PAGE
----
Twice Thinnes appeared on the ABC soap opera One Life to Live playing two different characters. From 1984-1985, he played the role of "Alex Crown" and from 1992–1995, he played the role of "Gen. Sloan Carpenter". During both of his stints on the show, his characters became a father-in-law to the same character, Cassie Callison.
In 2005, Thinnes co-starred as Dr. Theophile Peyron in the movie The Eyes of Van Gogh about Vincent van Gogh (played by Alexander Barnett, who also wrote and directed) and his voluntary stay in an insane asylum. The movie focuses on Van Gogh's relationships with Dr. Peyron, as well as fellow Expressionist Paul Gauguin, and his brother, Theo.
Thinnes was born in Chicago of German descent. After serving in the United States Army as a military police officer, he relocated to California and attended Los Angeles City College.
In 2005, Thinnes married film editor Stephanie Batailler.
|1959||The FBI Story||Party Guest||Uncredited|
|1969||Doppelgänger||Colonel Glen Ross|
|1973||Charley One-Eye||The Indian|
|1975||The Hindenburg||SS/Gestapo Captain Martin Vogel|
|1987||Mind Benders||Principal Borden|
|1989||Rush Week||Dean Grail|
|2001||A Beautiful Mind||Governor|
|2005||The Eyes of Van Gogh||Dr. Peyron|
|2007||Broken English||Peter Andrews|
|1957||Cavalcade of America||Mickey Hubbard||Episode: "Chicago 2-1-2"|
|1958||Peter Gunn||Roy Davidson||Episode: "The Man with the Scar"|
|1959||Steve Canyon||Officer Weber||Episode: "Room 313"|
|1962||The Untouchables||Denny Brannon||Episode: "A Fist of Five"|
|1962||Gunsmoke||Harry||Episode: "False Front"|
|1963||Ripcord||Radioman||Episode: "Semper Paratus Any Time"|
|1963||The Untouchables||Red Thomas||Episode: "An Eye for an Eye"|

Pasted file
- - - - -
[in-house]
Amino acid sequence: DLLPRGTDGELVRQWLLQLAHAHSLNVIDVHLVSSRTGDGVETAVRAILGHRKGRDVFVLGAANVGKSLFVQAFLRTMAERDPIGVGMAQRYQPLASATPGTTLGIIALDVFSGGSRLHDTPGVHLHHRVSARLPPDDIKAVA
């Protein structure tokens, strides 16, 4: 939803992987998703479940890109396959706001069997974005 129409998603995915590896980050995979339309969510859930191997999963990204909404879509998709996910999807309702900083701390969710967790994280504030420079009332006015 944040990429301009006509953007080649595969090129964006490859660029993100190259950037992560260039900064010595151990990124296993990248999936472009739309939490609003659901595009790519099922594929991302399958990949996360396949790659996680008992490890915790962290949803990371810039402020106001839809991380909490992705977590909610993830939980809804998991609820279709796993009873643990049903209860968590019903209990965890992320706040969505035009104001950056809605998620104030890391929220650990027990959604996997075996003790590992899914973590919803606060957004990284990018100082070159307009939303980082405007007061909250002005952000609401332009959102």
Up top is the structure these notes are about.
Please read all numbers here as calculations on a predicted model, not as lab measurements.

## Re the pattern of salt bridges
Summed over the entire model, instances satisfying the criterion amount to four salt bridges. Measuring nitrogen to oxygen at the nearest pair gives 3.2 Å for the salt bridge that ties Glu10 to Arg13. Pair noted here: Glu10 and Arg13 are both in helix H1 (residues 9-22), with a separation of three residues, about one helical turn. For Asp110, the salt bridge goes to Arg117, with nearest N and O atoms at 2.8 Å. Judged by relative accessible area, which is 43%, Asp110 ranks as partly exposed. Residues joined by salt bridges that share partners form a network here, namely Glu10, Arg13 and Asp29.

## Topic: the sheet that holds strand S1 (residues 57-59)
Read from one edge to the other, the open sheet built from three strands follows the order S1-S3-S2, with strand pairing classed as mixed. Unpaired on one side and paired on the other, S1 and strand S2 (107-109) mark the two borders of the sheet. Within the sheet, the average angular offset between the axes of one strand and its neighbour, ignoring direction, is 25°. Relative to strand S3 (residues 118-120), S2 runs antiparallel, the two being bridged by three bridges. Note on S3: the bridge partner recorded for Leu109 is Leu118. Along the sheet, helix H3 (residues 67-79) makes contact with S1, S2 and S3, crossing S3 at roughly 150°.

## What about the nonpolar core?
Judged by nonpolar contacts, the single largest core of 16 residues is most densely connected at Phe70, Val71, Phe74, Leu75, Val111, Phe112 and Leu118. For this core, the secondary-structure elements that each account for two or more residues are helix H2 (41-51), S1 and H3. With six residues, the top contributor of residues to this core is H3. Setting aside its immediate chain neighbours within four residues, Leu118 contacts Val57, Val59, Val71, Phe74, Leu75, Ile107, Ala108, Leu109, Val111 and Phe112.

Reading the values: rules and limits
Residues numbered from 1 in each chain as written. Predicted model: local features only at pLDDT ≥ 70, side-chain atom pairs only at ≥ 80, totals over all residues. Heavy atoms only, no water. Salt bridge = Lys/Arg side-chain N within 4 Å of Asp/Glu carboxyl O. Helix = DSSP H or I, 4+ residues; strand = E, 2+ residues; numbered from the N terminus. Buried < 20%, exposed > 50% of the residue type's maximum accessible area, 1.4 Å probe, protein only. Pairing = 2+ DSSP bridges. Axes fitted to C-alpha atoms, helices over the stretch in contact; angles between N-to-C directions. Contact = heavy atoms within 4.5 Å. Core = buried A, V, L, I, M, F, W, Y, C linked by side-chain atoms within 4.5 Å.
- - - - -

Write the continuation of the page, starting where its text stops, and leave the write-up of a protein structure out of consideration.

|1963||The Eleventh Hour||David Dunlear||Episode: "Something Crazy's Going on in the Back Room"|
|1963||Death Valley Days||Ab Singleton||Episode: "Jeb"|
|1963||Gunsmoke||Dr. Peyron||Episode: "Jeb"|
|1963–1965||General Hospital||Dr. Phil Brewer||Series regular|
|1964||The Reporter||Roberts||Episode: "Murder by Scandal"|
|1964||The Reporter||Detective Lieutenant Lee Roberts||Episode: "The Lost Lady Blues"|
|1965–1966||The Long, Hot Summer||Ben Quick||Main cast|
|1965||12 O'Clock High||Maj. Jake Hays||Episode: "In Search of My Enemies"|
|1966||The F.B.I.||Larry Drake||Episode: "The Escape"|
|1966||12 O'Clock High||Capt. Paul Pridie||Episode: "A Distant Cry"|
|1966||The Fugitive||Carl Crandall||Episode: "Wine is a Traitor"|
|1967–1968||The Invaders||David Vincent||Lead role|
|1970||The Other Man||Johnny Brant||TV movie|
|1970–1971||The Psychiatrist||Dr. James Whitman||Lead role|
|1971||Black Noon||Reverend John Keyes||TV movie|
|1972||The Manhunter||David Farrow||TV movie|
|1973||The Horror at 37,000 Feet||Alan O'Neill||TV movie|
|1973||The Norliss Tapes||David Norliss||TV movie|
|1973||Satan's School for Girls||Dr. Joseph Clampett||TV movie|
|1973||Death Race||Arnold McMillan||TV movie|
|1977||Quinn Martin's Tales of the Unexpected||Frank Harris||Episode: "The Final Chapter"|
|1977||Secrets||Herb Fleming||TV movie|
|1977||Code Name: Diamond Head||Johnny Paul||TV movie|
|1978||Battlestar Galactica||Croft||Two episodes|
|1979||From Here to Eternity||Capt. Dana Holmes||Miniseries|
|1979||Supertrain||Senator J. J. Phillips/Eddie Barnes||Episode: "Hail to the Chief"|
|1979||The Return of Mod Squad||Dan||TV movie|
|1979||Stone||Detective Cliff Bell||Episode: "Pilot"|
|1980||From Here to Eternity||Capt. Dana Holmes||Main cast|
|1981||Scruples||Bennett Hall||TV movie|
|1982–1983||Falcon Crest||Nick Hogan||Recurring role|
|1984||Hotel||John White||Episode: "Memories"|
|1984||The Love Boat||Buzz McClaine||Episode: "Country Blues/A Matter of Taste/Frat Brothers Forever"|
|1984–1985||One Life to Live||Alex Crown||Series regular|
|1985||Murder, She Wrote||Lt. Ted Misko||Episode: "Dead Heat"|
|1986||Highway to Heaven||Howard Sellers||Episode: "Oh Lucky Man"|
|1987||1st & Ten||Teddy Schrader||Recurring role|
|1987||Murder, She Wrote||Sheriff Howard Landry||Episode: "Trouble in Eden"|